As a first-time leader, you’ll have to make decisions and take on responsibilities that are unfamiliar territory. It’s natural to feel nervous when facing a new challenge or taking responsibility for the welfare of your employees and customers. This will also include how to deal with stress and how to motivate your employees. But no matter the difficulties you face you should always act with confidence, as studies show that leaders are characterised by their strong self-esteem, self-confidence, and overall sense of self-worth.
Keep on reading to find out how to be prepared to take on leadership confidently!
1. Have Clear Communication with your Team
Only 50% of employees feel that they know what is expected of them on a daily basis. One of the first things that every first-time leader has to learn is how to communicate with people. Communication is an art in itself. Along with listening, it makes up a 50% part of the job of any leader. Effective communication is crucial for the success of any organization. Being able to communicate in a professional manner will help people find you more approachable and easy to work with. People tend to perceive those who know how to communicate as smart and sophisticated leaders. Make sure your communication style is clear and straightforward while being approachable and understanding to your team.
2. Learn how to Lead Teams Virtually as a First-time Leader
21% of leaders have classed themselves as ineffective at leading virtual teams. Teams that work remotely are becoming increasingly popular. One might even argue they’re almost unavoidable in today’s age of digital communication. But there’s a caveat to working remotely: virtual distance. Virtual distance creates an environment that allows misunderstanding, can cripple creativity, and create silos within a company. Every leader must face the inevitable: the day when you need to manage a virtual team. Telecommuting, remote workers or virtual teams allow employees to collaborate anywhere, anytime and with any device. One of the biggest challenges is how to keep your team engaged whilst on the virtual meetings? You can do this by using softwares like Butter and Miro who are our proud partners.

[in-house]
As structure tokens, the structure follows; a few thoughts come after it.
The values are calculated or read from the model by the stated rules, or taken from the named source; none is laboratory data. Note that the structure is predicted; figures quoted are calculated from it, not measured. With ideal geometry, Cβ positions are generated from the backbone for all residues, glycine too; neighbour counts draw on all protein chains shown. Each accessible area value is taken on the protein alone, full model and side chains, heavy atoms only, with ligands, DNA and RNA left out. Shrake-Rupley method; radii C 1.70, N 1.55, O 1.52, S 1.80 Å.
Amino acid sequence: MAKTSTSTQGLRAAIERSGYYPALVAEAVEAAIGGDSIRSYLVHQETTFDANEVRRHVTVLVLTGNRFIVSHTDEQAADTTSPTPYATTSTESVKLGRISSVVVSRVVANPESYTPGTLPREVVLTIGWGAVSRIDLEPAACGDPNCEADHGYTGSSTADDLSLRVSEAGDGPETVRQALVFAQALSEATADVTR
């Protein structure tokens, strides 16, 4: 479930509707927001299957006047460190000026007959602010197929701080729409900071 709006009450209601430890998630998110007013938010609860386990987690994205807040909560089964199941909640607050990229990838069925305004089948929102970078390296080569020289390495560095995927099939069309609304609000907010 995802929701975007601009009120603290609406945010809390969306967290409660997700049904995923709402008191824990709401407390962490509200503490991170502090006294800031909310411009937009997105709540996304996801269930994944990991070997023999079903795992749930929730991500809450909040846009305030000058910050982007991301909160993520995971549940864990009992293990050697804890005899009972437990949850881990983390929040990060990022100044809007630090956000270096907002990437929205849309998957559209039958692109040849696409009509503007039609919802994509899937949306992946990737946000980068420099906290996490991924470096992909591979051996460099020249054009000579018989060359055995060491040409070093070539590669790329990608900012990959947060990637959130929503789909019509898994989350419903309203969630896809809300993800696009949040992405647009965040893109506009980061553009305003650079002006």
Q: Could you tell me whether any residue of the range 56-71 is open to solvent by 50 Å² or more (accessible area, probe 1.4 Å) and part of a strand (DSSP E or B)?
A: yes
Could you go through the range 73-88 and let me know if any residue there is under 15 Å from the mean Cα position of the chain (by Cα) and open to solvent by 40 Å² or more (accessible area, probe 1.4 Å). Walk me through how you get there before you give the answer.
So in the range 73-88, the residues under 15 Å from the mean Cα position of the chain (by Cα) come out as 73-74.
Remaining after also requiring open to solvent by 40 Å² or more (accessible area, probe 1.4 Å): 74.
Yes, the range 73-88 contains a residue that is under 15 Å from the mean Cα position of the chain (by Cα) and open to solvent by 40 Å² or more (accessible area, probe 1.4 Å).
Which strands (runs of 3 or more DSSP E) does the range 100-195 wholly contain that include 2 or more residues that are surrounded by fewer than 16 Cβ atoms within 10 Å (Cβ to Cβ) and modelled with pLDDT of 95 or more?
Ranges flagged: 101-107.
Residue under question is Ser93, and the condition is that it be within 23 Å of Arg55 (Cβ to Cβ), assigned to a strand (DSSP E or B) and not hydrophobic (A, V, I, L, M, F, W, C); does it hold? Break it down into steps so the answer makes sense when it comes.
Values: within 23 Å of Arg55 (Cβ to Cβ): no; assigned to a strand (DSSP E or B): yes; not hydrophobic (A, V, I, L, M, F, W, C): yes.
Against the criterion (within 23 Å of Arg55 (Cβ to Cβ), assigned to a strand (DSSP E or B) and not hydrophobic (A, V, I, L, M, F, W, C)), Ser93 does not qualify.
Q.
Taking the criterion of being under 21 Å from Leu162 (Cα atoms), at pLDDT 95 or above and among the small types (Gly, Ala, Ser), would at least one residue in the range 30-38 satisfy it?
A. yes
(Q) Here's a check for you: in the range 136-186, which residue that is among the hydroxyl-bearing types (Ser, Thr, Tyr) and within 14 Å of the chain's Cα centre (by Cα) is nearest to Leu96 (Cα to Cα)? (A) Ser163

Butter is built specifically for hosting interactive sessions as smoothly as possible, without the need to manage multiple tools. You can prepare, run and debrief virtual sessions that participants love – all from one place! They focus on empowering facilitators and hosts by giving them all the tools they need in one place – and ultimately, run sessions that participants love. It comes with next-level breakouts, a session planner for your agenda, built-in polls, native integrations with Miro, Mural & YouTube, fun reactions, sounds, and more.
Miro is the online collaborative whiteboard platform that brings teams together, anytime, anywhere. It is built as a go-to tool for creating meetings, workshops, brainstorming, strategy and planning, and much more. Miro also empowers remote, in-office, and hybrid teams to communicate and collaborate across formats, tools, channels, and timezones — without the constraints of physical location, meeting space, and whiteboards.
3. Create Psychological Safety and Explicit Norms
“To build and manage a great team you need two things: Explicit Norms and Psychological Safety.” This quote is from Rachel Pacheco, a management author, lecturer, researcher and author of the book “Bring up the boss” We find this very inspiring especially for first-time leaders! But what in the world does that mean? Those are two of the key characteristics of high-performing teams. An explicit norm is a behavioral expectation that is clear, understood and unambiguous for the group. Leaders can shape these norms in different ways. Being an effective leader is all about giving people what they need to do great work.